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Number of accessible seats at heart of dispute; judge says Justice Dept. can join lawsuit.
November 22, 2007
DETROIT -- A federal judge Wednesday granted a U.S. Department of Justice request to join a lawsuit against the University of Michigan and cleared the way for a thorough inspection of Michigan Stadium before a $226 million renovation project gets under way.
The decision by Federal Judge Sean Cox essentially pits the U.S. government against the university in federal litigation over the number of handicap-accessible seats at the football stadium.
Federal architects will begin their inspection -- estimated to take five days -- of the football stadium Tuesday, according to lawyers on the case. They want to take measurements and photographs of University of Michigan's alleged violations of federal accessibility laws before the university begins demolition for the renovation project, according to court documents.
The University of Michigan didn't oppose the federal involvement. "We promised our full cooperation and support," U-M spokeswoman Kelly Cunningham said Wednesday.
Wednesday's appearance in U.S. District Court in Detroit was part of the U.S. Justice Department's effort to compel U-M to provide more wheelchair seating areas at Michigan Stadium. U-M offers 88 wheelchair seats at the 107,000-seat stadium -- far less than 1 percent of all seating that federal law requires, federal officials argue.
To ensure compliance, the U.S. Justice Department asked to join the Michigan Paralyzed Veterans of America in their ongoing federal lawsuit against U-M for violations to the Americans with Disabilities Act.
"The Paralyzed Veterans of America are incredibly pleased that United States Department of Justice is party and co-plaintiff in this case," said Richard Bernstein, an attorney for the veterans.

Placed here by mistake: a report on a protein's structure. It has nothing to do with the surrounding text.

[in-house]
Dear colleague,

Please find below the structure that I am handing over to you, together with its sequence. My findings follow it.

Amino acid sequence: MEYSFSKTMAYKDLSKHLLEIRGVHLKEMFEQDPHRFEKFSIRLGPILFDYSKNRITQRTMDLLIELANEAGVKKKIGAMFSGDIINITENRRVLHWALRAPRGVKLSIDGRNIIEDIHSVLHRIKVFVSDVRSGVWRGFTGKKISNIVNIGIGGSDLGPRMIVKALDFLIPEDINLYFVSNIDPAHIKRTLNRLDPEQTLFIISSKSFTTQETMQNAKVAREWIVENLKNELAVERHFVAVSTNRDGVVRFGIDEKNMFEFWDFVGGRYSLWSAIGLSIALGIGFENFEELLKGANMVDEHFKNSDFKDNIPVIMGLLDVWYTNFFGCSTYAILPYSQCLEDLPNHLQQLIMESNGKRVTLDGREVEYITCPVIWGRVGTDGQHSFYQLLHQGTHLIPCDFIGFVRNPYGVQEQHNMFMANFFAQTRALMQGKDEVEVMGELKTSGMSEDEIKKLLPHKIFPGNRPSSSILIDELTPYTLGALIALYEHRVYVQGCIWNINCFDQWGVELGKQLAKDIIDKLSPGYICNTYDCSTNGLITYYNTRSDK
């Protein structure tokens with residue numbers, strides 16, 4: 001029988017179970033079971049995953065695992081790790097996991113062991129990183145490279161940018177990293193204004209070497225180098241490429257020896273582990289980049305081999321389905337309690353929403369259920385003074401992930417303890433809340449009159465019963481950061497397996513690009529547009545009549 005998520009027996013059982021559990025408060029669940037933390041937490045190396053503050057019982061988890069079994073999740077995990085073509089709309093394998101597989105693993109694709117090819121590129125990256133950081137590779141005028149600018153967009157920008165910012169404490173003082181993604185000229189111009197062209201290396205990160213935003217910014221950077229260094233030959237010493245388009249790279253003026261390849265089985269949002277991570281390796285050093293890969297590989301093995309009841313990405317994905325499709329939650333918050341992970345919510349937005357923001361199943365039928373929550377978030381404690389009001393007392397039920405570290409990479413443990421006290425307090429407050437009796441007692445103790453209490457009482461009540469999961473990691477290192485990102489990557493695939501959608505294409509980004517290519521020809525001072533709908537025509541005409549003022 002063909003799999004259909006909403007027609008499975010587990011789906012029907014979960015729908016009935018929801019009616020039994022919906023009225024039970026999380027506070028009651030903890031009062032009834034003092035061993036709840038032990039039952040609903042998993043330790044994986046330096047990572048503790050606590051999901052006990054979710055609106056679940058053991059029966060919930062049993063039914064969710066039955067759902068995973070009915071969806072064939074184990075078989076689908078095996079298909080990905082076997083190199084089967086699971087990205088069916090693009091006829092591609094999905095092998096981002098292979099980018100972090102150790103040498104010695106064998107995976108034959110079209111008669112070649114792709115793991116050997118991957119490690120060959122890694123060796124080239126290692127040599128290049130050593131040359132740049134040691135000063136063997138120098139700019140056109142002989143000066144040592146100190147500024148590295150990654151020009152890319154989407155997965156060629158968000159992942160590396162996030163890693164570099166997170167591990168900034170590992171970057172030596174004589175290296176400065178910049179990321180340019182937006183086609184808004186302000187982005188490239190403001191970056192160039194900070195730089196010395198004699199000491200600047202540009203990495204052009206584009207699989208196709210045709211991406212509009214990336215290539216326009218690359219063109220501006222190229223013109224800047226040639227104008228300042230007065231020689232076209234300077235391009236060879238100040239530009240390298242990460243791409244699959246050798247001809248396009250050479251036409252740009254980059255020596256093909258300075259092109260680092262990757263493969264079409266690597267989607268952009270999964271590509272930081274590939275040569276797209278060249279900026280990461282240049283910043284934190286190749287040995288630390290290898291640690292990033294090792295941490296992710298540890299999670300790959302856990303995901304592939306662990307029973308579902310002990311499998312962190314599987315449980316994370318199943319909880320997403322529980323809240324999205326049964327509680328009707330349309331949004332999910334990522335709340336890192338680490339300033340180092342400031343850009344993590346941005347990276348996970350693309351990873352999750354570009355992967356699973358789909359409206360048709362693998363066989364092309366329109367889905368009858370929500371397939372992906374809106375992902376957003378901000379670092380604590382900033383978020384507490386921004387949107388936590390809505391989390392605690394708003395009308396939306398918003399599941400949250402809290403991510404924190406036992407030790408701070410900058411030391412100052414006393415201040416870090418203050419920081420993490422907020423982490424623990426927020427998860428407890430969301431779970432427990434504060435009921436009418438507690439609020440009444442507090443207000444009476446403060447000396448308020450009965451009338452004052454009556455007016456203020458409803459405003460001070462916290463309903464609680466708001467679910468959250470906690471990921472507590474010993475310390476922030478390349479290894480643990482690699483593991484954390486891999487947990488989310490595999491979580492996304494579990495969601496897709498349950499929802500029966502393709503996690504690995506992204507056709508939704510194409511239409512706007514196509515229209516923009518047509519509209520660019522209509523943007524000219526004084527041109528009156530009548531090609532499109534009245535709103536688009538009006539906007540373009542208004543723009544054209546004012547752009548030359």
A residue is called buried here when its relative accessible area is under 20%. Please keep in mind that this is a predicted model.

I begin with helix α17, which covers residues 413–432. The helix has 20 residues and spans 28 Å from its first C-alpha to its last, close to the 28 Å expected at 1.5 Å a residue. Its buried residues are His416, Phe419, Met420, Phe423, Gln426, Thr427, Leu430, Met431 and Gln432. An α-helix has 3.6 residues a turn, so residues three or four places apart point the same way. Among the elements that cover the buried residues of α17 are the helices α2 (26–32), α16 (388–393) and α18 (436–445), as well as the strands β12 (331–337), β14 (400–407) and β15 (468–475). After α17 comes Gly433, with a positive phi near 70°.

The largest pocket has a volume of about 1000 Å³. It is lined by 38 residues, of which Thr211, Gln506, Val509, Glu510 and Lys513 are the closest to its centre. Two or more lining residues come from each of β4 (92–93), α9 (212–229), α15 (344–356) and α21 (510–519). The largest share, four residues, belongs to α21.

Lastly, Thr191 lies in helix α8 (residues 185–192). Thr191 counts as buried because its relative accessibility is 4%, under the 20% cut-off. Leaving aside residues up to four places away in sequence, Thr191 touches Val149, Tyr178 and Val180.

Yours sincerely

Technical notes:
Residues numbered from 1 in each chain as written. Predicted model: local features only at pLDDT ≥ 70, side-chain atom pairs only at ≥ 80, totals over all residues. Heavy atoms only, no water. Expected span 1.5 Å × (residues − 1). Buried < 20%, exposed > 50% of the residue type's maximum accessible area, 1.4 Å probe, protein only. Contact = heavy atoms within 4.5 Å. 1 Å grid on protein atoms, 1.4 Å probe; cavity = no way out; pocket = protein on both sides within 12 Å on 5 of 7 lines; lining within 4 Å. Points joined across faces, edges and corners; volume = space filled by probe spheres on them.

"The Department of Justice will ensure that the heart and soul of the Americans with Disabilities Act will be protected and that access for people with disabilities will be maintained not only at University of Michigan but around the nation."
The federal officials say their court action against U-M was a last resort after weeks of failed negotiations with the university. The government alleges that Michigan Stadium doesn't provide enough wheelchair seating; it doesn't have disabled seating dispersed throughout the stadium because all the seats are in the end zones; and it doesn't provide accessible toilets, concession stands, souvenir shops or parking.
U-M disagrees with these allegations. But on Monday the university proposed a compromise to increase the number of wheelchair seats in the bowl from 88 to 592 by 2010 in hopes of avoiding a showdown with the U.S. government.
The plan called for 207 new seats in the renovation project as well as 295 seats in the existing bowl by installing removable platforms around the stadium.
However, the veterans and department of justice didn't accept the plan because it didn't add enough seats, among other concerns.
"There's an enormous gulf between the number of seats the (federal government) would require in the stadium and the number of seats our ticket holders actually need," Cunningham said, noting 53 season ticket holders requested accessible seating. "The compromise we've proposed means we would greatly expand the number of accessible seats. We are only asking that if the new seats are not needed that we would be able to use them as regular bench seats."
Despite the federal government's court action, U-M hasn't wavered from its position, Cunningham said.
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